This book views the triune God from a Pentecostal viewpoint. In so doing, it offers a fresh articulation of the theology of the Trinity that starts with Pentecost and with the Spirit. It concludes that the Trinity cannot be adequately appreciated using any single model – whether social, modal, or psychological. Instead, it presents three models – relational, instrumental, and substantial – that need to be held in paradoxical tension with one another. Of these, the relational is the foremost. Pentecost offers rich potential for seeing these relations between the Father, the Son and the Spirit as a dynamic reciprocal ‘dance’, in which each person empties self in order to exalt the other.
1. Introductory Matters
2. Pentecost and the Spirit
3. Pentecost and the Son
4. Pentecost and the Father
5. Pentecost and the Trinity
Ancient Document Index
Endorsements and Reviews
This is an excellent book written in a lucid and lively manner. It makes an important and original contribution to Trinitarian theology from the perspective of Pentecost. … It is a must-read for all students and scholars of contemporary pentecostal and charismatic theology.
Mark J. Cartledge, Director of the Centre for Pentecostal and Charismatic Studies, University of Birmingham, UK
Mysterious yet illuminating! Paradoxical yet clarifying! Opaque yet brilliant! Atkinson shows that starting with the Spirit poured out at Pentecost opens up multiple dissonant and yet altogether coherent tongues and pathways toward a dynamic, perichoretic, and relational theology of the Trinity that anticipates the fullness of eschatological divine glory. No longer is the Spirit the shy, hidden, or neglected Trinitarian member.
Amos Yong, Professor of Theology and Dean, School of Divinity, Regent University
Atkinson’s call for a pneumatological Trinitarianism is reminiscent of Basil of Caesarea, who, among the early church fathers, warned against failing to appreciate the full deity of the Spirit as the third person of the Trinity. Atkinson shows that without an adequate understanding of the Holy Spirit given to the church on the day of Pentecost, one’s theology of God is defective and one’s worship of the triune God is diminished. This book is lucidly written and a joy to read.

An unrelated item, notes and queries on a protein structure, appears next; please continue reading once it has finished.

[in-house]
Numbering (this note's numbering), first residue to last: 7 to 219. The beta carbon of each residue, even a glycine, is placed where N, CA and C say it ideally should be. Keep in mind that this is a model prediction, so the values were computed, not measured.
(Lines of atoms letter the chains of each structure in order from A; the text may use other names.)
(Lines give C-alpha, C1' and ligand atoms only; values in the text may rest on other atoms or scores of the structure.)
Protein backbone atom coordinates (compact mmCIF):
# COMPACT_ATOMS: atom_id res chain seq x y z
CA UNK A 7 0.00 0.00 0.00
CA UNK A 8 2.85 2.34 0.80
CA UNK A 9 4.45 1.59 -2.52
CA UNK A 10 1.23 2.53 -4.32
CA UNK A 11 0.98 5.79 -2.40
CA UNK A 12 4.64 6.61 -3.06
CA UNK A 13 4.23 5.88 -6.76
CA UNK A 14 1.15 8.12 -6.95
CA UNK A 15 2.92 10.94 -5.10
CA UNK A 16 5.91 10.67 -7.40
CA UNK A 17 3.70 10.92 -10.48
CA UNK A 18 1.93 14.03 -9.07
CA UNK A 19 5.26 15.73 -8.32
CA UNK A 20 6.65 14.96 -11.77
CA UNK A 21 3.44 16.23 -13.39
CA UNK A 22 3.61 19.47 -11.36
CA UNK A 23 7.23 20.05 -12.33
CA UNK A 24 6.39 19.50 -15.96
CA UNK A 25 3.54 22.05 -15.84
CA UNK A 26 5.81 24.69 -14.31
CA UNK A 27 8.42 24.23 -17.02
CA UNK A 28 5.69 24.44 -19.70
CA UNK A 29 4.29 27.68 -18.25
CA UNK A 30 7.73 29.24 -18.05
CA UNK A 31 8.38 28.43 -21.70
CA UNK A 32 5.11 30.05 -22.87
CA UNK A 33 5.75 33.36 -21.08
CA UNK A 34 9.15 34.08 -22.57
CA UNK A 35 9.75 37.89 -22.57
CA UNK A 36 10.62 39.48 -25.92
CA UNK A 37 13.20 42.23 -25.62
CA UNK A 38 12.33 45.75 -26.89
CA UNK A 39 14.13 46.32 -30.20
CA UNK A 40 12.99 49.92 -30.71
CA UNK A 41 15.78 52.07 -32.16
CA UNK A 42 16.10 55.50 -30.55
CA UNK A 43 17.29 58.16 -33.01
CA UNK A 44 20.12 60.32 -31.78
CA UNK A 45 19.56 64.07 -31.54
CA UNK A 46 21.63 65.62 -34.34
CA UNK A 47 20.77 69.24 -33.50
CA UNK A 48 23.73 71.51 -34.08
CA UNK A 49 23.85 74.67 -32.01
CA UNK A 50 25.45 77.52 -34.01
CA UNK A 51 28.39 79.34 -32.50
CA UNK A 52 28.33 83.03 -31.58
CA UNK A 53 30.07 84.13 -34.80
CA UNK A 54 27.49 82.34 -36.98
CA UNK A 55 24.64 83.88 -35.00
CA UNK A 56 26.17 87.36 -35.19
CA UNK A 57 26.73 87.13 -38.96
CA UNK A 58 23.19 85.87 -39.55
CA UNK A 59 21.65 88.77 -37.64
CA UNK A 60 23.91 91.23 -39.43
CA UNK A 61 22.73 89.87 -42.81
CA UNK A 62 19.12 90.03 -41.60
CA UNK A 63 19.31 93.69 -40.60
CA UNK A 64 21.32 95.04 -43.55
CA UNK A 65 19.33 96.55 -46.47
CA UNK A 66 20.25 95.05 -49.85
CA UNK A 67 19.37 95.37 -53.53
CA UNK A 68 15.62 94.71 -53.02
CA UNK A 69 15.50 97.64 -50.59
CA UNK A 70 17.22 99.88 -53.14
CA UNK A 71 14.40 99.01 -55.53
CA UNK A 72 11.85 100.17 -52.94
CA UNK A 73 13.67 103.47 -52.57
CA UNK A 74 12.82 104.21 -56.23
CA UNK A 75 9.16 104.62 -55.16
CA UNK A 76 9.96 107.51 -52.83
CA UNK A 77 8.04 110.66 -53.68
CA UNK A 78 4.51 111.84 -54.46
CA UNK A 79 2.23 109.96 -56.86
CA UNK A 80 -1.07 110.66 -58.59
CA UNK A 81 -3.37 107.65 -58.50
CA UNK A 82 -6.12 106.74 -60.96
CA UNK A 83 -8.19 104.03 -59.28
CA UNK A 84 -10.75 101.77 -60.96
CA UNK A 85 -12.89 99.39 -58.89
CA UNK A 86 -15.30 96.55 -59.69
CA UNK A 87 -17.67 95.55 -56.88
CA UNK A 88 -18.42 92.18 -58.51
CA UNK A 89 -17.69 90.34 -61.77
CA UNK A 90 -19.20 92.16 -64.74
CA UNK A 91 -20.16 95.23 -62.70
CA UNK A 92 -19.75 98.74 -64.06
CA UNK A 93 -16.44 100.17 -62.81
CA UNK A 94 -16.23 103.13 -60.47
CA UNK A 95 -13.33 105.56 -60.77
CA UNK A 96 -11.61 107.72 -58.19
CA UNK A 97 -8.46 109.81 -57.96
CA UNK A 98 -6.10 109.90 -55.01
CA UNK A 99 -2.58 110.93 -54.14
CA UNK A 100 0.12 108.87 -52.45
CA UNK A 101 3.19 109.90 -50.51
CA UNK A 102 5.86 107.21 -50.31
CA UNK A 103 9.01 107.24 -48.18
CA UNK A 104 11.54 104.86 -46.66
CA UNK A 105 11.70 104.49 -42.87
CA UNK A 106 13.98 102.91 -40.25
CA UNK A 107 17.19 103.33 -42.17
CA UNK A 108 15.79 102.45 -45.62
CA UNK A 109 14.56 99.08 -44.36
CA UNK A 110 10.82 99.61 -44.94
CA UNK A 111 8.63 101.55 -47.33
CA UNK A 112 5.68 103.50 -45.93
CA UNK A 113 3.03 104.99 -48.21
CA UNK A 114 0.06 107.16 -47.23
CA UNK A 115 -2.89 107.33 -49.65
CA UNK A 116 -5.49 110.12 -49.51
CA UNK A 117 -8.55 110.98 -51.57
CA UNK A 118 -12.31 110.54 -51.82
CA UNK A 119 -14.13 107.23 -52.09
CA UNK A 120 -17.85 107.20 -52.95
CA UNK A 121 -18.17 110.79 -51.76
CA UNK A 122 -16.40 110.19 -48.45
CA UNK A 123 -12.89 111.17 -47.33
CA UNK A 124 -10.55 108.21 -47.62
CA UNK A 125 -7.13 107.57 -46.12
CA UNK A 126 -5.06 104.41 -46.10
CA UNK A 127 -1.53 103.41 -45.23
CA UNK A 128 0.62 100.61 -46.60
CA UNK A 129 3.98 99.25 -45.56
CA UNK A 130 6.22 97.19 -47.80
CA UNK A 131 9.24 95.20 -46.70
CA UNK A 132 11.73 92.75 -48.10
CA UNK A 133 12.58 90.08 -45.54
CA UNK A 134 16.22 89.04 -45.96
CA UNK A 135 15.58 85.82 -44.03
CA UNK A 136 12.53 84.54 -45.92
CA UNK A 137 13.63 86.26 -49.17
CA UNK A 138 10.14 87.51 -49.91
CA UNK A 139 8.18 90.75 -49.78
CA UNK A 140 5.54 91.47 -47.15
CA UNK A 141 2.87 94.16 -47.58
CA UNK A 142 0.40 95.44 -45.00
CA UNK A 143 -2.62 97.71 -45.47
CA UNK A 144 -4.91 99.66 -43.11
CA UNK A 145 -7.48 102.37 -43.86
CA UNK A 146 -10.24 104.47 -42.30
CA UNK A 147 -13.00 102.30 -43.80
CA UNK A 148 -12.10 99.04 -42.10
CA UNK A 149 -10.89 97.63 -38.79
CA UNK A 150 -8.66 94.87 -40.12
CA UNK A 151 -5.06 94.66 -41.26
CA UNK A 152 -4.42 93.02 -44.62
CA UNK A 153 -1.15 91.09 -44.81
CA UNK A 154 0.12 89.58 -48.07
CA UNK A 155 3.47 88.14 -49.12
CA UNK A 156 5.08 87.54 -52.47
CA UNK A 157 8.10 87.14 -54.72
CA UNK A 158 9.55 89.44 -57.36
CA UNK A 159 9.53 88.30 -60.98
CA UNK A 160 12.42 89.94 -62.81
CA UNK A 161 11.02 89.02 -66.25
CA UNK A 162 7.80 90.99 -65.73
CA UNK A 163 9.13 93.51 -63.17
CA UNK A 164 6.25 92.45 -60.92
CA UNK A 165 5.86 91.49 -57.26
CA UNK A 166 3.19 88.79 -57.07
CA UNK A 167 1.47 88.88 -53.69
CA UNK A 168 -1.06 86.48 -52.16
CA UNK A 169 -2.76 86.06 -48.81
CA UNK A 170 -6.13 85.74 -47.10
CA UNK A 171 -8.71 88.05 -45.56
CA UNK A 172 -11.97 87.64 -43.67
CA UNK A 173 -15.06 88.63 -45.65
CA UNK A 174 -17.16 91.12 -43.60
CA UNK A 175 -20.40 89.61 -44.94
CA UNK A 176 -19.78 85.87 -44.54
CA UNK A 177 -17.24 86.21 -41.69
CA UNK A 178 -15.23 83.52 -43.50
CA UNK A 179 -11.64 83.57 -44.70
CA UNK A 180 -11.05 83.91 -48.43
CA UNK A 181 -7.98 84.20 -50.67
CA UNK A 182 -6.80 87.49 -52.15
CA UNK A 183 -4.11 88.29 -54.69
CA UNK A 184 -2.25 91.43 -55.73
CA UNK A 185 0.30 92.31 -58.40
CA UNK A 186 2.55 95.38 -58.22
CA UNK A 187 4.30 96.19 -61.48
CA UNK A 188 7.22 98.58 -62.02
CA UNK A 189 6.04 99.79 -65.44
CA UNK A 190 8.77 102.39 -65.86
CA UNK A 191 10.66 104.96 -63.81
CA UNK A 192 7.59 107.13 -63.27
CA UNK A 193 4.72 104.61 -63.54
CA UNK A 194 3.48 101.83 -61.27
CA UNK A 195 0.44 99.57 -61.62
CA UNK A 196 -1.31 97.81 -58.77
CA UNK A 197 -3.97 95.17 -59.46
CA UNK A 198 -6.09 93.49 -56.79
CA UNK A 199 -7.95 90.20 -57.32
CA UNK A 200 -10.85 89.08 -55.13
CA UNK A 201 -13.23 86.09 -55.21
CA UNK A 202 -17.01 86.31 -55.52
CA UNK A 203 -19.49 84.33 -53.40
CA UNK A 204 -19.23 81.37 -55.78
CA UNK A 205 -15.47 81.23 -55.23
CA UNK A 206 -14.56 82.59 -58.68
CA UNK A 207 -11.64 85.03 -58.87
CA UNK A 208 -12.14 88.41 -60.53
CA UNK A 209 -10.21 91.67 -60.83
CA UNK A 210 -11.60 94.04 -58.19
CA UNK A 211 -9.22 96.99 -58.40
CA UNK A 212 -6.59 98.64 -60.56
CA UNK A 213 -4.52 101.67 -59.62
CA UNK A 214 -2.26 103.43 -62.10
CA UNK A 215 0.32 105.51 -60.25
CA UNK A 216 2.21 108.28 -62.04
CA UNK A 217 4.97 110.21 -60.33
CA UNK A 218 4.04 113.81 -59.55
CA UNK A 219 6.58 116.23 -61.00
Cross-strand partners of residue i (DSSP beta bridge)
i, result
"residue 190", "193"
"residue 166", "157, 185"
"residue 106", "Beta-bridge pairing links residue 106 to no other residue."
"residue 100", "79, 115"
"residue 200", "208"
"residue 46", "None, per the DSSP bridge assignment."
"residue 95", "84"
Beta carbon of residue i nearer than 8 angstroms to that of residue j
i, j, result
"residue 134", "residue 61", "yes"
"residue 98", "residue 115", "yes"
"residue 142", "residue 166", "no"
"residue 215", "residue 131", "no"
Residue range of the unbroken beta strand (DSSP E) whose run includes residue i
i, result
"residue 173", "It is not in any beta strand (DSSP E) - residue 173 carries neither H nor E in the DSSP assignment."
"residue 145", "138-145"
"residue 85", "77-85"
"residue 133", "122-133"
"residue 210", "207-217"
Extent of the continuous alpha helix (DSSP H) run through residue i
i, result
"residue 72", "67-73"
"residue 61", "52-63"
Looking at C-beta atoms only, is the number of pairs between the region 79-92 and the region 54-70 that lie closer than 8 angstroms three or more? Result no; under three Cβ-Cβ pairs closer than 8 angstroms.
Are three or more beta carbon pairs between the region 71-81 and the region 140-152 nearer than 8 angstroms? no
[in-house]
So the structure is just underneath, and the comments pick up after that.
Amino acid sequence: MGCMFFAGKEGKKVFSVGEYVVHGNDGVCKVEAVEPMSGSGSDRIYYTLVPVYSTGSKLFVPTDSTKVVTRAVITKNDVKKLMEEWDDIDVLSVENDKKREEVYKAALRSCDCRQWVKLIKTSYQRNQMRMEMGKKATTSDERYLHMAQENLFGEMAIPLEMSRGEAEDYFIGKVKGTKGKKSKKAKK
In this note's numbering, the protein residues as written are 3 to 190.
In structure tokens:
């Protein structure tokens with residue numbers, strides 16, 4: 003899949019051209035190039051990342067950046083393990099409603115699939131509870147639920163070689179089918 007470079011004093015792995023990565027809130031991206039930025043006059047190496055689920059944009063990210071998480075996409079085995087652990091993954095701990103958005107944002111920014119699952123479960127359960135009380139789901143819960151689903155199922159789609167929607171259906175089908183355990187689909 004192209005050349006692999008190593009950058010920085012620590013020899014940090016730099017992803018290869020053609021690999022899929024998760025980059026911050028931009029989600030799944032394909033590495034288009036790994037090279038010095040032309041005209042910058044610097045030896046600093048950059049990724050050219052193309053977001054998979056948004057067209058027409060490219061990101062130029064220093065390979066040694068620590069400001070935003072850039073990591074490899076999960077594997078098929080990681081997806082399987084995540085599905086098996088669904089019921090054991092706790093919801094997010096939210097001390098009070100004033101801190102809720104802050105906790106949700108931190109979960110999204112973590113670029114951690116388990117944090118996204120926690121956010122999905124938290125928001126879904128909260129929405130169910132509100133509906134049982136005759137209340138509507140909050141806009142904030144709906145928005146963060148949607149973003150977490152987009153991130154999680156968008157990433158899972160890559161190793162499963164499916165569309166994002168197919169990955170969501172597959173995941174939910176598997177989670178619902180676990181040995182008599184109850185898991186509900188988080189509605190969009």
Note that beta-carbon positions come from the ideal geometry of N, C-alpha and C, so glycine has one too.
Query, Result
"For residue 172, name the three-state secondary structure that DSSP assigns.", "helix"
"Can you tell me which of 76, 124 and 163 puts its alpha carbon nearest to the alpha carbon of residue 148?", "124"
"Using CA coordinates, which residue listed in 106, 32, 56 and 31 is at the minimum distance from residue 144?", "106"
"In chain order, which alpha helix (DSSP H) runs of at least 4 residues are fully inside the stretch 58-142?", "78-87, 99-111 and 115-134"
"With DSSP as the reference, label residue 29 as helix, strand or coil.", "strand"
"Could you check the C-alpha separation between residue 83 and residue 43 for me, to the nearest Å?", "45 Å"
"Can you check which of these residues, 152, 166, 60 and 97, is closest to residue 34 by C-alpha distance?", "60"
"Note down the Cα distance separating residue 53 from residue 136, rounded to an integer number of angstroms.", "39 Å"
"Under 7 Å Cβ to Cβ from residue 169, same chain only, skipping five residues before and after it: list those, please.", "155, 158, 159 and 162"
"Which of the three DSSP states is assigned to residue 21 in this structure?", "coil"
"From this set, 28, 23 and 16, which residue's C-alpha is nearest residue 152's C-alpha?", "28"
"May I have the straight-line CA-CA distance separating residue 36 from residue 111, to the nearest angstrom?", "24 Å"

Laurence W. Wood, Professor of Theology and Wesley Studies, Asbury Theological Seminary
Trinity After Pentecost is further evidence, if proof was needed, that pentecostal theology has come of age. With expert skill, William Atkinson explores the doctrine of the Trinity from the unusual angle of Pentecost. Like a wise tour guide, he takes his readers step-by-step and leads them to some adventurous conclusions. Theologians and practitioners, Pentecostals and non-Pentecostals will be enriched by reading this cleverly titled, engagingly written, and thought-provoking book.
Derek Tidball, Former Principal, London School of Theology, Past President of Baptist Union of Great Britain
This is a fine, concise, systematic and inspiring book about the Trinity. Atkinson’s style, as those who have read his other books know, is noted for its clarity and precision … This is a book that I hope will become a classic among Pentecostals since it addresses issues that are well beyond the sterile argumentation that sometimes occurs.
William K. Kay, in Journal of the European Pentecostal Theological Association, Vol 35, Issue 1
Atkinson is an extremely clear writer, and I would recommend this book to anyone, academically trained or otherwise … to anyone who seeks to understand more about the Spirit’s role and importance within the Trinity, and to anyone who is interested in exploring a fresh, but ultimately very traditional, account of the doctrine of the Trinity.
Joanna Leidenhag, in The Expository Times, Vol 127(5)
The study is academically rigorous. It will appeal to anyone who is seriously interested in the academic study of Jesus, whether or not they are Pentecostal.
Bradford L McCall, in Theological Book Review, Vol 28, No 2